Programmable relays are key elements in numerous automation applications such as automatic street light control, watering and pump control, HVAC, home automation, power plants automation in industries, etc. This article describes a DIY programmable relay switch using PIC16F1847 (PIC16F628A can also be used) microcontroller. It is a revised version of my previous PIC-based relay timer project with added features and some improvements in the circuit design part. Like my previous version, it also allows you to set both ON and OFF times. The maximum time interval that you can set for ON and OFF operations is 99 hours and 59 minutes. The new version features cyclic option, which means you can choose to run it in a continuous loop of ON and OFF cycles. The timer can be programmed through 4 push switches. The programming menu, relay status (ON or OFF), and number of cycles completed are displayed on a 16×2 character LCD. The timing resolution of this relay timer is 1 minute. The timer also saves the previously-set ON/OFF times and the cyclic option in its internal EEPROM so that it can retain these values after any power supply interrupt. The firmware for this project is provided for both PIC16F1847 and PIC16F628A microcontrollers.
Programmable relay timer switch
Here are the summary of the features that this programmable relay switch has:
- On-board +5V voltage regulator (operates at 9-15V DC input)
- OFF and ON time setup for the relay operation
- Option for cyclic run (maximum 100 cycles, after which the timer stops automatically)
- Stores ON/OFF times and Cyclic option from previous setup into internal EEPROM
- ON/OFF timing range: 0 to 99 hours and 59 minutes with 1 min resolution
- Interactive user interface using 4 tact switches and a character LCD
- On-board buzzer alarm
Most of us who work with electronics know the name of Texas Instruments (TI) as a manufacturer of several important digital and analogue ICs as well as fancy sophisticated scientific calculators. However many people don’t know that TI is also a manufacturer of some of industry’s best microcontrollers. TI’s portfolio of micros is pretty large. ARM micros are getting popular day-by-day and on that family of micros TI has some of the best devices one can imagine. One such family from TI is the Tiva C series. Enter the TM4C123x Tiva C micros – one of the best possible combination of high-end hardware ever integrated with an ARM Cortex M4.
This DIY bicycle GPS can convert any bike into smart bike by adding navigation support. This bike GPS connects to the user’s smartphone GPS via Bluetooth and receives the navigation data from a GPS application on the smartphone. The project uses an Arduino board and a Neopixel LED ring. The destination is set on the GPS application on the smartphone and the directions are shown on the LEDs.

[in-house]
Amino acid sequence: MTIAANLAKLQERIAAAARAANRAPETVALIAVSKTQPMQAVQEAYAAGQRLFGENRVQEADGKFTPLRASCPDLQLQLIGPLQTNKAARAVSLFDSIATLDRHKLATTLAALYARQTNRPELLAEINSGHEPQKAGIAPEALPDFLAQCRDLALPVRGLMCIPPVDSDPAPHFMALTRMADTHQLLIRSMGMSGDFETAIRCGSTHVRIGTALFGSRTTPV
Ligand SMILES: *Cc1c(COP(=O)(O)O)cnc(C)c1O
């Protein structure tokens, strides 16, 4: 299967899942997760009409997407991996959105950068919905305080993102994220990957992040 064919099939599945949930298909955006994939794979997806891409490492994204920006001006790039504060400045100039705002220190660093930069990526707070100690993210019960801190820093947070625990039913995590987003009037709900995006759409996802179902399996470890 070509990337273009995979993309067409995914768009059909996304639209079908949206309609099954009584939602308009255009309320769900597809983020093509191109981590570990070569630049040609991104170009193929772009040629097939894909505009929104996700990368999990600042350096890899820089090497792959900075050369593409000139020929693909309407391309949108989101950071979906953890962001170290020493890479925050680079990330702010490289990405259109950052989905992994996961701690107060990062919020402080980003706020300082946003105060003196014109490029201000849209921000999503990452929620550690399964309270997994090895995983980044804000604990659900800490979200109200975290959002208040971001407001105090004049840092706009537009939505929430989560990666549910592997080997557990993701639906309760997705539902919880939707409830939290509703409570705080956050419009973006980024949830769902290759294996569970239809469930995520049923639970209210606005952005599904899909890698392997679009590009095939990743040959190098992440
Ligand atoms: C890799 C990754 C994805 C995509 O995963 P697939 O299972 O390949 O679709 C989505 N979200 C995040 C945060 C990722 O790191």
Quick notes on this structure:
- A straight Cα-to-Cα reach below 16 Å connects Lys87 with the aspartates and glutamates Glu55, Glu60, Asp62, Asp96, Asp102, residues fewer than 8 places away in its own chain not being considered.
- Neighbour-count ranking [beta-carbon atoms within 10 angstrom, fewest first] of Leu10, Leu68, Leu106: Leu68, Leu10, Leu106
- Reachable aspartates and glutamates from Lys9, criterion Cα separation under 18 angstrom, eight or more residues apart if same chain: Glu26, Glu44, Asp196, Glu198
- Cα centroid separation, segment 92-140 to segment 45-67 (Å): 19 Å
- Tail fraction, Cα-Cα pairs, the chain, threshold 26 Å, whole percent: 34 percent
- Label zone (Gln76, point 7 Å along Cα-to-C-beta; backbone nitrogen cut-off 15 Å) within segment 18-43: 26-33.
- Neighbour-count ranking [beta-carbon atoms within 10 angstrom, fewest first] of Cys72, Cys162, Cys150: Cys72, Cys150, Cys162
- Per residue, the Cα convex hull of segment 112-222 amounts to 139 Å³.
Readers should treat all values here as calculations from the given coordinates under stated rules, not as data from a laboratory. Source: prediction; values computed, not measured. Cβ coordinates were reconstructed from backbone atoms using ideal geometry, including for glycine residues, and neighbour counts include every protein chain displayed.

DIY GPS bike
In this project, we will use a GPS application available on Android or IPhone, OsmAnd, a mapping application and navigation with access to free data OpenStreetMap. This application is available offline, that is to say that one can use this application without using the cellular data (3G or 4G).
We use an Arduino micro type microcontroller as it is quite simple to use and is inexpensive. It is connected with a Bluetooth headset.
This headset is the link between the Arduino board and telephone. To indicate the direction to the user, we use a ring of 24 LEDs connected to the Arduino board. These are Neopixel LEDs, they are the most efficient LEDs. We can control the color and light intensity of the LEDs.
Raymond Genovese from All About Circuits has shared his idea of making a full-featured AM/FM/SW radio using SiLab’s Si4844-A10 radio chip, which is the first analog-tuned digital-display digital CMOS AM/FM/SW radio receiver IC integrating the complete receiver function from antenna input to audio output. It works with Host MCU through I2C-compatible 2-wire control interface.
AM/FM/SW radio using Si4844 chip
The idea of a single chip radio is intriguing. The prospect is especially interesting to me because, frankly, I envy the analog skills I associate with building a radio receiver. When I browsed the circuit literature in the area, I came across the Silicon Labs collection. One of their chips, the Si4844-A10 caught my attention. This receiver has AM/FM/SW capability with all the bells and whistles and it is designed to work with a microprocessor. Best of all, the support components required are mainly associated with the microprocessor display and control functions with only a small amount of antenna support needed. I couldn’t resist taking the plunge.